Illinois Governor Dwight Green vetoed the legislation that would have preserved the Mecca, and in 1952 – after years of legal wrangling and community protest – the courts allowed the demolition of an architectural and cultural icon to proceed.

The only consolation is that it was replaced by Mies van der Rohe’s famed Crown Hall, now home to IIT’s architecture school.

A Fifth Avenue palace

Carol A. Willis, Columbia University and Founding Director, The Skyscraper Museum

Many New Yorkers are familiar with the iconic Waldorf Astoria, which sits on Park Avenue. But they might be surprised to learn that this is the second iteration of the luxury hotel. The original was located along Manhattan’s fashionable Fifth Avenue, and the structure took up the entire block between 33rd and 34th streets.

Waldorf Astoria, New York

But in late November 1929 – after the stock market had crashed and the slow slide into the Great Depression began – workers began demolishing it.

Designed by the noted architect Henry Hardenbergh, the imposing building had been built in two parts, campaigns that reflected the progress of modern construction technology and a “bigger and better” mantra of American architecture.

The first building, the Waldorf, was an 11-story structure that opened in 1893. It was built on the site of the mansion where Mrs. Caroline Astor had entertained New York’s “Four Hundred,” an exclusive group of New York’s social elite. In addition to 530 rooms, the Waldorf offered stately apartments on the second floor and a majestic ballroom that could be closed off for lavish private events.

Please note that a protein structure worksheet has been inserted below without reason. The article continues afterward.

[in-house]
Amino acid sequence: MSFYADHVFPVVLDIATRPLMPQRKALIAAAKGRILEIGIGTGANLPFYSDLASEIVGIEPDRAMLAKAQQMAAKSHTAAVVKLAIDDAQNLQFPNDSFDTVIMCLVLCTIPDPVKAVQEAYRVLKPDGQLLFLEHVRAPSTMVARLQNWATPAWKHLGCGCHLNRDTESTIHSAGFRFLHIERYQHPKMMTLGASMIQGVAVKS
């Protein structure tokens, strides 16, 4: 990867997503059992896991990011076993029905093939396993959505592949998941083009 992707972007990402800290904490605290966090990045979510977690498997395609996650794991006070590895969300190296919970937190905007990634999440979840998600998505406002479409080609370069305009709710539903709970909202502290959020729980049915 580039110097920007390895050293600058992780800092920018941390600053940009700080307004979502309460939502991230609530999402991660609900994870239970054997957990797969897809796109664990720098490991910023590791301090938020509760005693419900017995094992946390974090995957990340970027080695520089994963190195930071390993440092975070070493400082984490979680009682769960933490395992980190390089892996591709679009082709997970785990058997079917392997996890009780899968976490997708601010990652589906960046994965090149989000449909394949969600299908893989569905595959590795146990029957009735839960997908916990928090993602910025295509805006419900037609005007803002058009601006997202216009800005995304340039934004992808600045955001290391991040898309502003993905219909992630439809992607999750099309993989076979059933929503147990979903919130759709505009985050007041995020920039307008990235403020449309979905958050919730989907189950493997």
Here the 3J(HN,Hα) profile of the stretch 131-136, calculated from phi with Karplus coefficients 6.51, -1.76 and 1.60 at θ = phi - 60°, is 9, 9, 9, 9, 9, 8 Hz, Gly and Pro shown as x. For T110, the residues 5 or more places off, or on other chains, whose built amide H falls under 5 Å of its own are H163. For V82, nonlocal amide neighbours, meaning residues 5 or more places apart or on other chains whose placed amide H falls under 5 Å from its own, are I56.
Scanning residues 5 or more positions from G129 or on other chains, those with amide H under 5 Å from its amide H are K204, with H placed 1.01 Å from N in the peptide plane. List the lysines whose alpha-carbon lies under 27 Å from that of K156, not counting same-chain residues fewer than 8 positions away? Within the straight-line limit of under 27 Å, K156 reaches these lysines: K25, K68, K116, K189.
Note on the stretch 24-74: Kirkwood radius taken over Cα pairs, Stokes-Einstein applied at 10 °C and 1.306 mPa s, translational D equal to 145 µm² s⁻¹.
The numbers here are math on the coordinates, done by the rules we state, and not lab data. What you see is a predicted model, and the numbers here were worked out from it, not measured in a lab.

In 1897, the deluxe Astoria section of the hotel was completed. Facing 34th Street, its 16 stories employed a steel skeleton structure – at the time, a cutting-edge technique – that allowed for taller buildings.

With 1,300 rooms, it was the largest hotel in the city, and like many high-class “palace hotels” of the period, the Waldorf Astoria housed permanent and transient patrons; as The New York Times noted in 1890, they were designed “to provide a series of magnificent homes for wealthy New Yorkers as an economical alternative to maintaining private mansions.”

By 1929, however, the owners of the Waldorf Astoria decided to decamp to Park Avenue, where they erected an equally lavish modern, Art Deco monument.

The demolition of the old hotel, completed by the winter of 1930, made way for the construction of the ultimate expression of the city’s architectural ambitions: the Empire State Building.

Traditional New England goes modern

Kevin D. Murphy, Vanderbilt University

Preservationists are still waiting for something positive to come from the demolition of the house that architect Eleanor Raymond designed for her sister Rachel. Today, photographs are all that remain of the pioneering, modernist Rachel Raymond House, which was built in Belmont, Massachusetts, a suburb of Boston.

Rachel Raymond house, Massachusetts

Raymond was a graduate of Wellesley College and received her professional training at the Cambridge School of Architecture, an all-women’s design school founded in the early 20th century.

The Rachel Raymond House is important example of how American architects incorporated aspects of European modernism into their own work. Inspired by European luminaries Le Corbusier and Mies van der Rohe, Raymond’s home featured abstract, geometric blocks. She employed flat roofs,